Re: Removal of other semantic elements

Hi, Shelley-

CCing CSS list.

Shelley Powers wrote (on 4/5/10 8:24 AM):
> The real core of the proposal is whether it's better to attempt to
> create single purpose elements representing well defined and broadly
> used widget behaviors created using JavaScript and CSS. My contention
> is to do so will most likely fail, because whatever is created in the
> browsers based on HTML specs can never hope to keep up with the state
> of the art using the JS and CSS. And we developers and designers will
> only use whatever is state of the art.

That's demonstrably not correct.  Why do so many people still use HTML 
form controls?  Yes, many sites use custom controls from libraries, but 
I suspect they are in the minority, still.

There may be some designers and developers that prefer to use 
cutting-edge stuff on some projects, but that is hardly a universal 
attitude; please don't imply that you speak for all developers and 
designers.  And we should also be thinking of the content creators who 
are not professional developers and designers, and who use HTML only 
casually as part of their job.  These people are very unlikely to have 
the time, energy, and training to use jQuery and the like, but they 
would benefit from new form controls.

As far as "keeping up", how many form controls do we need?  How much 
more innovation is there about basic controls?  I don't see many new 
custom controls... just the same few that look a bit nicer than the 
native browser controls, and a few more that have become common enough 
to standardize.  I think HTML5 captures some of the most important ones. 
  If we find that's not enough, we can add a few more essential ones in 

> And we'll only use what we can control, style, design, and customize.

Your concern about styling is a real one.  So, rather than focus energy 
on removing these new controls, why not devote some time and energy on a 
proposal to the CSS WG on how to style all form controls, including 
these new ones?  There are lots of new CSS features being implemented 
which could be repurposed for that cause, like the corner rounding in 
the borders spec, gradients, animations and transitions, etc. 
Basically, any effect you can apply to create a "custom control" with 
the look and feel you want should be applicable to actual form controls.

What is needed for this is a detailed compendium of the various possible 
parts that any form control would be comprised of; for example, there 
were some proprietary Microsoft scrollbar-styling properties 
(scrollbar-base-color, scrollbar-track-color, scrollbar-face-color, 
scrollbar-highlight-color, scrollbar-3dlight-color, 
scrollbar-darkshadow-color, scrollbar-shadow-color, 
scrollbar-arrow-color) that I used on one of my earlier sites, and I got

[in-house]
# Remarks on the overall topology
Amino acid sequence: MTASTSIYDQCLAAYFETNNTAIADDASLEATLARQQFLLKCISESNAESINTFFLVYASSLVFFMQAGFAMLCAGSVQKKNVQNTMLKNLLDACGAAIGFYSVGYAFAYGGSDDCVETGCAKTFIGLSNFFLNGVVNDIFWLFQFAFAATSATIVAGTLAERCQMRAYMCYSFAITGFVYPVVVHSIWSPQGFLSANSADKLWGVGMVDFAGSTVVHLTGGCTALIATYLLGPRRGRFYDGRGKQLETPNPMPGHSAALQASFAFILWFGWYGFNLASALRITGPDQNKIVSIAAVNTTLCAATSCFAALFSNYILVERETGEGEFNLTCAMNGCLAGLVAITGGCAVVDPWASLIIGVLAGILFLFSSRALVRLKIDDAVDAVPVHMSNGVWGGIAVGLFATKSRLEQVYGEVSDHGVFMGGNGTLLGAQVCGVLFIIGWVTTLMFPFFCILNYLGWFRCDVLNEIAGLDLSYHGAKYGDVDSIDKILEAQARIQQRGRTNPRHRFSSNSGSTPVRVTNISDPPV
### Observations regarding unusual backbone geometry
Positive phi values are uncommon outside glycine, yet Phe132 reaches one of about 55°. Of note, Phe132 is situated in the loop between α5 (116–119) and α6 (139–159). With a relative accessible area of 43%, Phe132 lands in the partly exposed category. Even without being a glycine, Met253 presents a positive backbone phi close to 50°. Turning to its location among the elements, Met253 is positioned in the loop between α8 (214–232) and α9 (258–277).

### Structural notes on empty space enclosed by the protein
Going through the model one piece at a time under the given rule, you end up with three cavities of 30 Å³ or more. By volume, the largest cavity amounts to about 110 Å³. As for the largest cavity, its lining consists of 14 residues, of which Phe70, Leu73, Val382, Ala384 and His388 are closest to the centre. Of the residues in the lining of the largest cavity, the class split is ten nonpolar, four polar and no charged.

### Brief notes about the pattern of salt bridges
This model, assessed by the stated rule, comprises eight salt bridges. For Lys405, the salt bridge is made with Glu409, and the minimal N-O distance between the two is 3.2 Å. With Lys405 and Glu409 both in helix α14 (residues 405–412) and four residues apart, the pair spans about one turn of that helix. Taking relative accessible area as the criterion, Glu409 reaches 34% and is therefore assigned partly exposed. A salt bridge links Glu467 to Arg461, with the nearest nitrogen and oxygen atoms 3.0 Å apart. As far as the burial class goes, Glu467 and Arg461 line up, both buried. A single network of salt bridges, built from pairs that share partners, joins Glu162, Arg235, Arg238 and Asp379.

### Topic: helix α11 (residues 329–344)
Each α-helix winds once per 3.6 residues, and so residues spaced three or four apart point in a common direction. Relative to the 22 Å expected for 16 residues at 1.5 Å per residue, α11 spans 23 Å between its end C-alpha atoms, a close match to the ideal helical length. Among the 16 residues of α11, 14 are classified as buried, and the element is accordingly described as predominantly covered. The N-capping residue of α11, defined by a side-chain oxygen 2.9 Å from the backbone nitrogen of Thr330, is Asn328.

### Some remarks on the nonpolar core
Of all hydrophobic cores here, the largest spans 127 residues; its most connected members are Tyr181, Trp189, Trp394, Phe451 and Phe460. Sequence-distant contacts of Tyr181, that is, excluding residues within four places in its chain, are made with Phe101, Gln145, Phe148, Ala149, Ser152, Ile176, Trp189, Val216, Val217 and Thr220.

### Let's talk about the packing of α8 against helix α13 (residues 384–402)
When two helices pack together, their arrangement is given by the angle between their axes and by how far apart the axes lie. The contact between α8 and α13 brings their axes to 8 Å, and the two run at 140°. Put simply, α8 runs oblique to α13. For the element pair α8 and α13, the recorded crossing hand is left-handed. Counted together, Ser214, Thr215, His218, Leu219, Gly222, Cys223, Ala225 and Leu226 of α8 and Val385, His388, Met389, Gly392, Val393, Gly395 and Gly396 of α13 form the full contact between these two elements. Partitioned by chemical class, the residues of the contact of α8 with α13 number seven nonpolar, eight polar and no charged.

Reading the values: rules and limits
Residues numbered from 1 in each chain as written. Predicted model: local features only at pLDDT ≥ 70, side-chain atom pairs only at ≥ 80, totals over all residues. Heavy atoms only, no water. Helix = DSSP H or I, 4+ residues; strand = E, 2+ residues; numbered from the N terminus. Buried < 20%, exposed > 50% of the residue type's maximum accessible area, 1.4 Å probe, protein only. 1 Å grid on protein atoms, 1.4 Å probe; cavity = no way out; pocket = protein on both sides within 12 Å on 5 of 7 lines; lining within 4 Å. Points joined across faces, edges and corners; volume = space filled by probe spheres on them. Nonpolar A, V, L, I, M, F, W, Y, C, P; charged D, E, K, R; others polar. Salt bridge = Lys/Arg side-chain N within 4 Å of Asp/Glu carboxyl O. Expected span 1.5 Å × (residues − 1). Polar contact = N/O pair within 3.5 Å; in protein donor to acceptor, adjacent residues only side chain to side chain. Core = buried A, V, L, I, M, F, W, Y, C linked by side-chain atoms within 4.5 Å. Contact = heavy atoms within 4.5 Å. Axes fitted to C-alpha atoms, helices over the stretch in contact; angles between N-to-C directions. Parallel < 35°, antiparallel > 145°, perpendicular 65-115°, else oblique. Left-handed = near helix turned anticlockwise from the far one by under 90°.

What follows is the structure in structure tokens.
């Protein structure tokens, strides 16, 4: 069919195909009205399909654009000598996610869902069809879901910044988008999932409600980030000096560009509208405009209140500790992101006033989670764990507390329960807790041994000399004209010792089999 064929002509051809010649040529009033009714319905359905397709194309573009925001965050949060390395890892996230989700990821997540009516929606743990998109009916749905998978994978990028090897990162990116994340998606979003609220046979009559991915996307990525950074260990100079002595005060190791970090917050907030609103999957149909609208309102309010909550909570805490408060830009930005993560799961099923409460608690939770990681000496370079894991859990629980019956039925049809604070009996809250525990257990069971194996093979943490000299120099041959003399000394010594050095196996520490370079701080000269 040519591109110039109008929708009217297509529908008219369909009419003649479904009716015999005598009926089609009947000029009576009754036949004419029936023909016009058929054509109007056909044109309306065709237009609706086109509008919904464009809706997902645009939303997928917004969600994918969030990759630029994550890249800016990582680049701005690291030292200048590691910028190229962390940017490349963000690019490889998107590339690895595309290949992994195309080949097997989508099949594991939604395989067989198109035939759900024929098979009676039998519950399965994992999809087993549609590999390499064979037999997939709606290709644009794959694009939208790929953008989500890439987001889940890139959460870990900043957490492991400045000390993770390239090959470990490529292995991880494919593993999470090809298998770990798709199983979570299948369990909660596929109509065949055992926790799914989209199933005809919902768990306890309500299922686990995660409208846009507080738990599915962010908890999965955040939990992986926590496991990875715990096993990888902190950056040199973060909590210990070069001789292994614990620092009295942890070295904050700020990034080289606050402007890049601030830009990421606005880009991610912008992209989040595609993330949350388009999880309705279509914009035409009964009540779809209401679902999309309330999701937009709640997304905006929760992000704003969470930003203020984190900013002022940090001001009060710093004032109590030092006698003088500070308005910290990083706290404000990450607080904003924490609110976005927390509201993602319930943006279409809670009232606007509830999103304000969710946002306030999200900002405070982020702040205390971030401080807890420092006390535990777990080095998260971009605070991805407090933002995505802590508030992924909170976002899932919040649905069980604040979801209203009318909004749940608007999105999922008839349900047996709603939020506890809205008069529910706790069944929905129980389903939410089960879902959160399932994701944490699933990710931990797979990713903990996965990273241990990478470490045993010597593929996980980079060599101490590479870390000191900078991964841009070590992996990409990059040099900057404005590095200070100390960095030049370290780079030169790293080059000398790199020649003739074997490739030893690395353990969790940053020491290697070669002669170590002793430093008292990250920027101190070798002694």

a lot of positive comments on it.  Naturally, not all UAs would have all 
the same parts in their own controls, but a defining a superset would 
let designers get at the vast majority of them (possibly as 
pseudo-elements, for ease-of-use with selectors).  A good place to start 
is to look at the various custom controls that script libraries define, 
and see what parts of those are stylable in each of those libs.

How much nicer for designers and developers would it be for them to use 
the CSS skills they already have to style their controls than to have to 
buy into one or more custom libraries to build them?

I expect this topic has already been raised (and probably rejected) for 
an addition to CSS.  But I think times have changed, and it's time to 
reexamine some of our basic premises about what CSS should be (and is) 
used for.  I don't see why the browser chrome should be inviolate, when 
it's such an important part of the look-and-feel of a site.

> Additionally, attempting to create as single purposed elements any of
> the widget behaviors opens the door for innumerable objects that will
> create significant problems and cost for developers, tool builders,
> content management systems, and yes, even browser makers.

Those projects that don't want to use these new controls don't have to. 
  Browser makers have already chimed in that they are willing to 
implement them.

>Frankly, I'd
> rather you all spent time making your browsers faster, better, more
> secure, than re-creating what we better can create using our favorite
> libraries.

That's a false dichotomy.  The individuals who are working on script 
optimization and security are unlikely to be the same set of people 
working on adding new form controls.

-Doug Schepers
W3C Team Contact, SVG and WebApps WGs

Received on Monday, 5 April 2010 14:26:34 UTC